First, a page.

Mental Health: How To Address Self-Harm

Mental Health: How To Address Self-Harm

Over the next several weeks, The Cheshire Herald will run a series of columns, courtesy of State Representative Liz Linehan (D-103) regarding this issue of mental health among children and teens. 


This is the third installment in my series on Children’s Mental Health, in partnership with The Herald. Before we begin, a word of warning: this week’s column intimately discusses self-harm, which may be disturbing to some people. Those with a history of trauma in this regard should decide if continuing to read is right for you. 

In the previous two installments, we looked at the warning signs of depression and anxiety in children and adolescents, information on calling 2-1-1 in a crisis, and listed local resources for ongoing care. Today, we examine intentional non-suicidal self-harm, which is defined as self-injurious behavior like cutting, scratching, skin picking, burning, hair pulling, head banging, hitting themselves, other forms of self-mutilation, or any way a child decides to physically hurt their body. 

According to Dr. Pamela Hoffman, psychiatrist at Yale Child Study Center, kids often self-harm because either they need to attach a feeling of physical pain to an emotional pain they’re having trouble processing, or sometimes kids report that they feel “nothing” and this is a way for them to feel “something.” It’s also much more prevalent than you may think.

Doctors have seen a marked increase in self-harm over the last decade, which has then been exacerbated by the pandemic. The nonprofit Fair Health conducted a study that found a 333% increase in intentional self-harm claim reports in the Northeast among kids age 13–18, from 2019 to 2020. Dodd Middle School’s Licensed Clinical Social Worker Ben Chabak reports he has seen an increase in self-harm behaviors in Cheshire schools, as well.

So how does a parent know if their child is hurting themself? Unfortunately, self-injurious behavior can be easily hidden, often leaving parents unaware. Becoming familiar with the signs of depression and anxiety is an important first step. The same things apply — any abrupt change in behavior, self-isolation, expressions of hopelessness or worthlessness, or avoidance of friends, family, or school are all signs that a child should be evaluated by a professional. Oftentimes, when a child crosses from depression and anxiety to self-harm, parents may notice unexplained cuts and bruises, constantly covering their arms and legs even if it’s warm (inside or out), finding clothing with small blood stains, and finding sharp objects in your child’s room. According to the Child Mind Institute in New York, self-harm is often triggered by rejection from friends, family, a romantic interest, etc.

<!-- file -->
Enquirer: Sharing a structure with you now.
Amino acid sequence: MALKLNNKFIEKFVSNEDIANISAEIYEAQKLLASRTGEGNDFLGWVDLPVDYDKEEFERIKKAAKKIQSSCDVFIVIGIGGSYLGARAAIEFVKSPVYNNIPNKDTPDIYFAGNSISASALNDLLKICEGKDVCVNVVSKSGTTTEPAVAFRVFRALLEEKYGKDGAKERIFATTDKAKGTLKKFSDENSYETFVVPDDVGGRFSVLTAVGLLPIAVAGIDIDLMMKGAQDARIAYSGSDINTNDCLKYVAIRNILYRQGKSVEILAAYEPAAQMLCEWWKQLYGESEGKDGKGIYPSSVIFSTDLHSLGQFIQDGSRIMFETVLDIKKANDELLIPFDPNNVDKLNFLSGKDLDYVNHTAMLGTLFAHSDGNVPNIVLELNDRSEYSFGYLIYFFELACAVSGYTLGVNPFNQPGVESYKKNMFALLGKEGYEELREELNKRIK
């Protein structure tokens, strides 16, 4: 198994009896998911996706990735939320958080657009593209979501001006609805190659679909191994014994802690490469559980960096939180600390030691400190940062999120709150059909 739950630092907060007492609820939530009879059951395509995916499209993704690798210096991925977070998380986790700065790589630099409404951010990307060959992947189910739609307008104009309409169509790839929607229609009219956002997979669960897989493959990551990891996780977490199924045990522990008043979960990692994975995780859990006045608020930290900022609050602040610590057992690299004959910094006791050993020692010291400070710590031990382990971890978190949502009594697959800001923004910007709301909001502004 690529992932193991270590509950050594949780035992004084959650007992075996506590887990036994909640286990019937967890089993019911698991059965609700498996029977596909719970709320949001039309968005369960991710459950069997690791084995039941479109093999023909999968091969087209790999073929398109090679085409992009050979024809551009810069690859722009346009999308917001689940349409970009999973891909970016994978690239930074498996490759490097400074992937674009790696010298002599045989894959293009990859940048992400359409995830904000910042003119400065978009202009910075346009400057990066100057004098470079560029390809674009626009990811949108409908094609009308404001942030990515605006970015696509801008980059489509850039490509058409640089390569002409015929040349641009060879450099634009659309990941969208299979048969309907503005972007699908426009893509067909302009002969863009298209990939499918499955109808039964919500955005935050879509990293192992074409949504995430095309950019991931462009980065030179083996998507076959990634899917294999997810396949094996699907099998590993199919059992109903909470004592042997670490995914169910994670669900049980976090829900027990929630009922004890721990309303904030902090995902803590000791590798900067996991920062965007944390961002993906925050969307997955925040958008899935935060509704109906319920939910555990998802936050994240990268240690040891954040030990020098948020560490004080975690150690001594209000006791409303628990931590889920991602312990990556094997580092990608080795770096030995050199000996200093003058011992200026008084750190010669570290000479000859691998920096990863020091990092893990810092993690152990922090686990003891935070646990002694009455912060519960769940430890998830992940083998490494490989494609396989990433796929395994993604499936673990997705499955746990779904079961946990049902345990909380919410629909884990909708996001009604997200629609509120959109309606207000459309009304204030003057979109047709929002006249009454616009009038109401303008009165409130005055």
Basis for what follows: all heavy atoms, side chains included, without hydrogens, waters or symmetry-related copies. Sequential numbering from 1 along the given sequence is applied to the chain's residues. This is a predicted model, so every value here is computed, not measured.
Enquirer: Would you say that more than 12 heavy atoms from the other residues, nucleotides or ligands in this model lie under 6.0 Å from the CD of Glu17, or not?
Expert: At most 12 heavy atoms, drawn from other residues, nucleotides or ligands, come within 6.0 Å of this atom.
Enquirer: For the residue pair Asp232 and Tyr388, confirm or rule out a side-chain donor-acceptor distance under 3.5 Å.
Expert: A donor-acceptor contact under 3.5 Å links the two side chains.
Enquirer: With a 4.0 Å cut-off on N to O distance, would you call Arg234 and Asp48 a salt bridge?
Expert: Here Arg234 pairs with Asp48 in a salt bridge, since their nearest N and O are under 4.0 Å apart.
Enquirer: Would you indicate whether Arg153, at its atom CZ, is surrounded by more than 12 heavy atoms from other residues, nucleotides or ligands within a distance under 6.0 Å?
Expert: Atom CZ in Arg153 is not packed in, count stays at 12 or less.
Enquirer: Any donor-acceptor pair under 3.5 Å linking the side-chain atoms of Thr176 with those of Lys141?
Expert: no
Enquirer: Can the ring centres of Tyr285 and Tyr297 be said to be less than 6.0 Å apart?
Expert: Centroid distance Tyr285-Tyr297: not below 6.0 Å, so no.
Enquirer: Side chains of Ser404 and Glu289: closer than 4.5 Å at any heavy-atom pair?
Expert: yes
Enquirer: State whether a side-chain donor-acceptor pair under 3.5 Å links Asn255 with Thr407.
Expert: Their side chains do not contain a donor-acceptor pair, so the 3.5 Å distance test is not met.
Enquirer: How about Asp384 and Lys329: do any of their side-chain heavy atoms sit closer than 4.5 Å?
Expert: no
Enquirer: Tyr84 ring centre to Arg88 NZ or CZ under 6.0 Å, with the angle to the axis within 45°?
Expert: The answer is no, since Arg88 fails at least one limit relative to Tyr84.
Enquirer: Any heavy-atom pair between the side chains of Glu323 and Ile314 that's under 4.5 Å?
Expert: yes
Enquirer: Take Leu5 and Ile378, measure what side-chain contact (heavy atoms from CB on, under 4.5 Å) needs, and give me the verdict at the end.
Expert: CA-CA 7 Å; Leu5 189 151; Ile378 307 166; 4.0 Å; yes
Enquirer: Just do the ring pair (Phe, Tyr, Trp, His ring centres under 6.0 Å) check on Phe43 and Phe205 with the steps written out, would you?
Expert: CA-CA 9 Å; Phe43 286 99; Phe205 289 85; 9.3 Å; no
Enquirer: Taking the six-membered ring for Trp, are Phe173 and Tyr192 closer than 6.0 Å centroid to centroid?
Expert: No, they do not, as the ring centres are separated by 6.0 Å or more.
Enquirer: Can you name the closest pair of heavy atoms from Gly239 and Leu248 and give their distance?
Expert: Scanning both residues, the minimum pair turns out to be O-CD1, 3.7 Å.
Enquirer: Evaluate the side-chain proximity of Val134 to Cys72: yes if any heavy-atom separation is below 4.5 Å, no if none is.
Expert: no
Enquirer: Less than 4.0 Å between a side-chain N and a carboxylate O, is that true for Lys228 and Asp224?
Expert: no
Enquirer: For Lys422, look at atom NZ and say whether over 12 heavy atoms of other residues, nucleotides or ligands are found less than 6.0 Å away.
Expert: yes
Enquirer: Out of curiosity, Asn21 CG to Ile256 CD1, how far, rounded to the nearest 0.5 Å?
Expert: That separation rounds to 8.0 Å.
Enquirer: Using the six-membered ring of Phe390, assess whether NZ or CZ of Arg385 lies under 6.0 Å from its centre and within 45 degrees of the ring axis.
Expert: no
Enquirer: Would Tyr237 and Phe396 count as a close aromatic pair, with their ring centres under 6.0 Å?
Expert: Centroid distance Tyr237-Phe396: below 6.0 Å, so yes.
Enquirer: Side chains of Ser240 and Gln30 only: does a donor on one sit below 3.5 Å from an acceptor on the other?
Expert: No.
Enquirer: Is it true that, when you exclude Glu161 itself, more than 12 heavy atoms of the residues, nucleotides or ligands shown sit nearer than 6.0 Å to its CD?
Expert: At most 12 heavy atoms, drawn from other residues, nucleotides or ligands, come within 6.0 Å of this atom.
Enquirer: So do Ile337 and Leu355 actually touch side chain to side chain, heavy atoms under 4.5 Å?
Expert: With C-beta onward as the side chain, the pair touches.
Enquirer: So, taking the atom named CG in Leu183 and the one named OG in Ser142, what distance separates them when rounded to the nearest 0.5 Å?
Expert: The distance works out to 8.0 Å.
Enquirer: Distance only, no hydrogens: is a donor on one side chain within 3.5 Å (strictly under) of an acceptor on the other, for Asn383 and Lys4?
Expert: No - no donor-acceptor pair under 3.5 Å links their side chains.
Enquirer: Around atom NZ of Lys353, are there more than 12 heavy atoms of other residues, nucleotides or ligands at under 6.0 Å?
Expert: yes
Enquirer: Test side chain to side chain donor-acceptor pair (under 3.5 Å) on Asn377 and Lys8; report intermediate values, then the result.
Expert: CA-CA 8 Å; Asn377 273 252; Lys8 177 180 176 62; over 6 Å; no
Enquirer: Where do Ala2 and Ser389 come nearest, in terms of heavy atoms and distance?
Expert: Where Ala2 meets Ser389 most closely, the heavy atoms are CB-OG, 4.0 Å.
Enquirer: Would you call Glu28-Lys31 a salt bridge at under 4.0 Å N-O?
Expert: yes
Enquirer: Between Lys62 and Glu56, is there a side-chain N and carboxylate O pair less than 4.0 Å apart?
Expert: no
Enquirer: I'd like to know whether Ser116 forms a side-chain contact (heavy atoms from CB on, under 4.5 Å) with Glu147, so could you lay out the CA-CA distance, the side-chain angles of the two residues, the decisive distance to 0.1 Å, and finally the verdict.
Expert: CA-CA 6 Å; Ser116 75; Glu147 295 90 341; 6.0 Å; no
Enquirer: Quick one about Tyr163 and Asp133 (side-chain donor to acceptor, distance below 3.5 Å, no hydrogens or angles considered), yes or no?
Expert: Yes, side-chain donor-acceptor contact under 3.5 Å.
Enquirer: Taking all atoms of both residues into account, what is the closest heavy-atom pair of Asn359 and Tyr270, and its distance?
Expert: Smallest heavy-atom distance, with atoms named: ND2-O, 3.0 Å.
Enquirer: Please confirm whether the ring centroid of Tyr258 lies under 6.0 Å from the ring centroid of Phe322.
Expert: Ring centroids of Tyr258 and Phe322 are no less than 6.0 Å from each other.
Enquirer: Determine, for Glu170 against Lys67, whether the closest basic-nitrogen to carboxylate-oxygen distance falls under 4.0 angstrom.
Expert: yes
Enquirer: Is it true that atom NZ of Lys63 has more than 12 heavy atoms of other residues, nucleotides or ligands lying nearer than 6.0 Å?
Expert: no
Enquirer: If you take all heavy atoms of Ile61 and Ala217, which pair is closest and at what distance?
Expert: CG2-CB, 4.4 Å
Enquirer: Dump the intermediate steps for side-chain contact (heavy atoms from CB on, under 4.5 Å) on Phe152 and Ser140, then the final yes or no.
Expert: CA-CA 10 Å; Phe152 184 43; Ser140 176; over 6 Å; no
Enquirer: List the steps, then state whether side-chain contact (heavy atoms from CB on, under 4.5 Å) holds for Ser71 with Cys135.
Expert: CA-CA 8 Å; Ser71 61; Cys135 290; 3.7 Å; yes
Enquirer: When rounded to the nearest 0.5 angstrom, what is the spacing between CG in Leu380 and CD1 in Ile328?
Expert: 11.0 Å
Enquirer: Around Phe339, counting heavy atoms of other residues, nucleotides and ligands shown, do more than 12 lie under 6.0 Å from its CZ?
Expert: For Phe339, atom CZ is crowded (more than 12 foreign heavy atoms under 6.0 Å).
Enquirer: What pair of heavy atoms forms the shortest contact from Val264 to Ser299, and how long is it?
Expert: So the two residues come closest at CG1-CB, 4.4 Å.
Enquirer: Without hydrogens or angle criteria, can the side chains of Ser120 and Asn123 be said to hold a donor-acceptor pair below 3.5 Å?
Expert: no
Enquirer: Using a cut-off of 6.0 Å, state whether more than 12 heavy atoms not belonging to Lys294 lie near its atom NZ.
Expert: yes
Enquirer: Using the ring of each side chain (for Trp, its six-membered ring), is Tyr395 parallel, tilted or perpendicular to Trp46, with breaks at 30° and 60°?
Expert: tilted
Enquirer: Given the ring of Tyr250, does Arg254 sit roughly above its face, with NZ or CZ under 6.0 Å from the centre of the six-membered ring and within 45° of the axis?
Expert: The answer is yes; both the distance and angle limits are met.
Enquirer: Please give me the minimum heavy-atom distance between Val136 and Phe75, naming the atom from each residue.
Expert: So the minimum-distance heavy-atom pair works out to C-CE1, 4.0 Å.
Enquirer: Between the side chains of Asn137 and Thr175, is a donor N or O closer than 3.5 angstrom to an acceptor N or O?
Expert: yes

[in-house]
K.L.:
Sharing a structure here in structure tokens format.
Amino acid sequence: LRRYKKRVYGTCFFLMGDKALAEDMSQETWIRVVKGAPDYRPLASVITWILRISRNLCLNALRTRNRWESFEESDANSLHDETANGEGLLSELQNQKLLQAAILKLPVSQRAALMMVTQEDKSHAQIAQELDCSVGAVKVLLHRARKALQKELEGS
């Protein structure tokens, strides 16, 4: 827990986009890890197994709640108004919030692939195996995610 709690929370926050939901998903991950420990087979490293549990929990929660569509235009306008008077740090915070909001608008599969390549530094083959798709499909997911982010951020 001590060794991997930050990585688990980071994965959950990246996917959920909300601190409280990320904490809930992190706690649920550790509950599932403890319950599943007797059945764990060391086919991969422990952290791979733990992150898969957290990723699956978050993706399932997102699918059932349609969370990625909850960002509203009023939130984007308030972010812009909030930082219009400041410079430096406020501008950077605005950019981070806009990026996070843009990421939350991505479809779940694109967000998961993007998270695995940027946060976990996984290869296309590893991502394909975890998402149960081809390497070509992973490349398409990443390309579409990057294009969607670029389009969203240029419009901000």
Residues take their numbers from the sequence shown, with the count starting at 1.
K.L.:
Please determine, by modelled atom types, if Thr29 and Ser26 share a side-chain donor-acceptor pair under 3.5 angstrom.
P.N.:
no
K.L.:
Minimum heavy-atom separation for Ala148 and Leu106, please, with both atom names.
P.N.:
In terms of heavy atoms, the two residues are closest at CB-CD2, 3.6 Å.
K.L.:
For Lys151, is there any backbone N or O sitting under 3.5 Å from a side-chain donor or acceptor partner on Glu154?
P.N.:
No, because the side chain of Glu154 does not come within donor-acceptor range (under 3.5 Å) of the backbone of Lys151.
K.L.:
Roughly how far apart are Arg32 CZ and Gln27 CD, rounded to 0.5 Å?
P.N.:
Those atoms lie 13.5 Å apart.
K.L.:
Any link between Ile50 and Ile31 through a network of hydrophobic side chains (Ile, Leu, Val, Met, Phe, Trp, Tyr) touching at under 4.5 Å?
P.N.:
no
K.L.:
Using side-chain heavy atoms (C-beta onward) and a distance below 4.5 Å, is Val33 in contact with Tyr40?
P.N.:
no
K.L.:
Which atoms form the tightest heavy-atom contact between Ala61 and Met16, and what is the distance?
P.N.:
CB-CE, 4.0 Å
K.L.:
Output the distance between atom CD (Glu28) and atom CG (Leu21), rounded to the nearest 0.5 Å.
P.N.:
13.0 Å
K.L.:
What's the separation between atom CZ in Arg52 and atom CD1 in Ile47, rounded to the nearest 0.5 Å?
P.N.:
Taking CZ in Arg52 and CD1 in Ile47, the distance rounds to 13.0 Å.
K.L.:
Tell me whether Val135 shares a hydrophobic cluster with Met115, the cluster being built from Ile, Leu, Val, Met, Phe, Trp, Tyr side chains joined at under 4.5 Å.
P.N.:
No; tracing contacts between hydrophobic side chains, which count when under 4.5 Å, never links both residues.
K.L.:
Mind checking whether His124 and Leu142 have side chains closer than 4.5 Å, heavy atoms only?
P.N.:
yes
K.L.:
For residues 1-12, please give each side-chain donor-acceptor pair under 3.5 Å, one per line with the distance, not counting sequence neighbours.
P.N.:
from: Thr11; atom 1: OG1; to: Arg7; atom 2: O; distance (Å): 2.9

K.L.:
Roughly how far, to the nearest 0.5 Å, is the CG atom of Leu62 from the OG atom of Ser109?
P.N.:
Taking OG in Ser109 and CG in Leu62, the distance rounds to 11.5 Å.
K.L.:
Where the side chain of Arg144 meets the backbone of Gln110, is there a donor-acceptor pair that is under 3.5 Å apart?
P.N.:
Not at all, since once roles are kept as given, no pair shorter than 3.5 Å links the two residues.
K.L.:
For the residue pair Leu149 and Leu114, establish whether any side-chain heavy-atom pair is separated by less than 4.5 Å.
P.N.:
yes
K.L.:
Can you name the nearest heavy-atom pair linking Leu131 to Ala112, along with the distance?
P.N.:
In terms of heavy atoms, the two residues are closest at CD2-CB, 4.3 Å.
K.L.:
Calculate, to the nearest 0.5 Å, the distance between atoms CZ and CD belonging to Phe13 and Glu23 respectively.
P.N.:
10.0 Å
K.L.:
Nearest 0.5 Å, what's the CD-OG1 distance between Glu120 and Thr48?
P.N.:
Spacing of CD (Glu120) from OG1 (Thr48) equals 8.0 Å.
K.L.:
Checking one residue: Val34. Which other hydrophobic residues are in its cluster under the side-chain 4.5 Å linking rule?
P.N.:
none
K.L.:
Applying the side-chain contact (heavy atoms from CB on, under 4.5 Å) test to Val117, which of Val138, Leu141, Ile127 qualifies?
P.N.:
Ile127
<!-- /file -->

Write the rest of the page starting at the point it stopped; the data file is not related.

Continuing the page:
Cutting can also be copy-cat behavior inspired by videos and images on social media that show other kids cutting. If you suspect your child is engaging in self-harm, please calmly and kindly ask them if they are hurting themselves. Asking the question will not cause them to self-injure, but instead it could provide them a path to talking openly about their pain. The longer a child practices self-harming, the more they rely on it to soothe their painful emotions, so this should not be a one-time question. Instead, it should be the beginning of an ongoing, open, loving conversation, free of judgment.

When a child hurts themselves, they are screaming for help. Fortunately, there are things you can do — and things you shouldn’t — to support your child and help them find better coping mechanisms for their emotional pain.

If you find your child has harmed themself, first address any immediate health concerns. Dr. Hoffman explains that some self-injurious behaviors result in no significant physical harm for the child and do not need medical follow-up, but if there are open wounds or other injuries, it is important to tend to these wounds and see a physician if injuries are more significant. Once a child is determined to be stable medically, you can begin to focus on the behavior.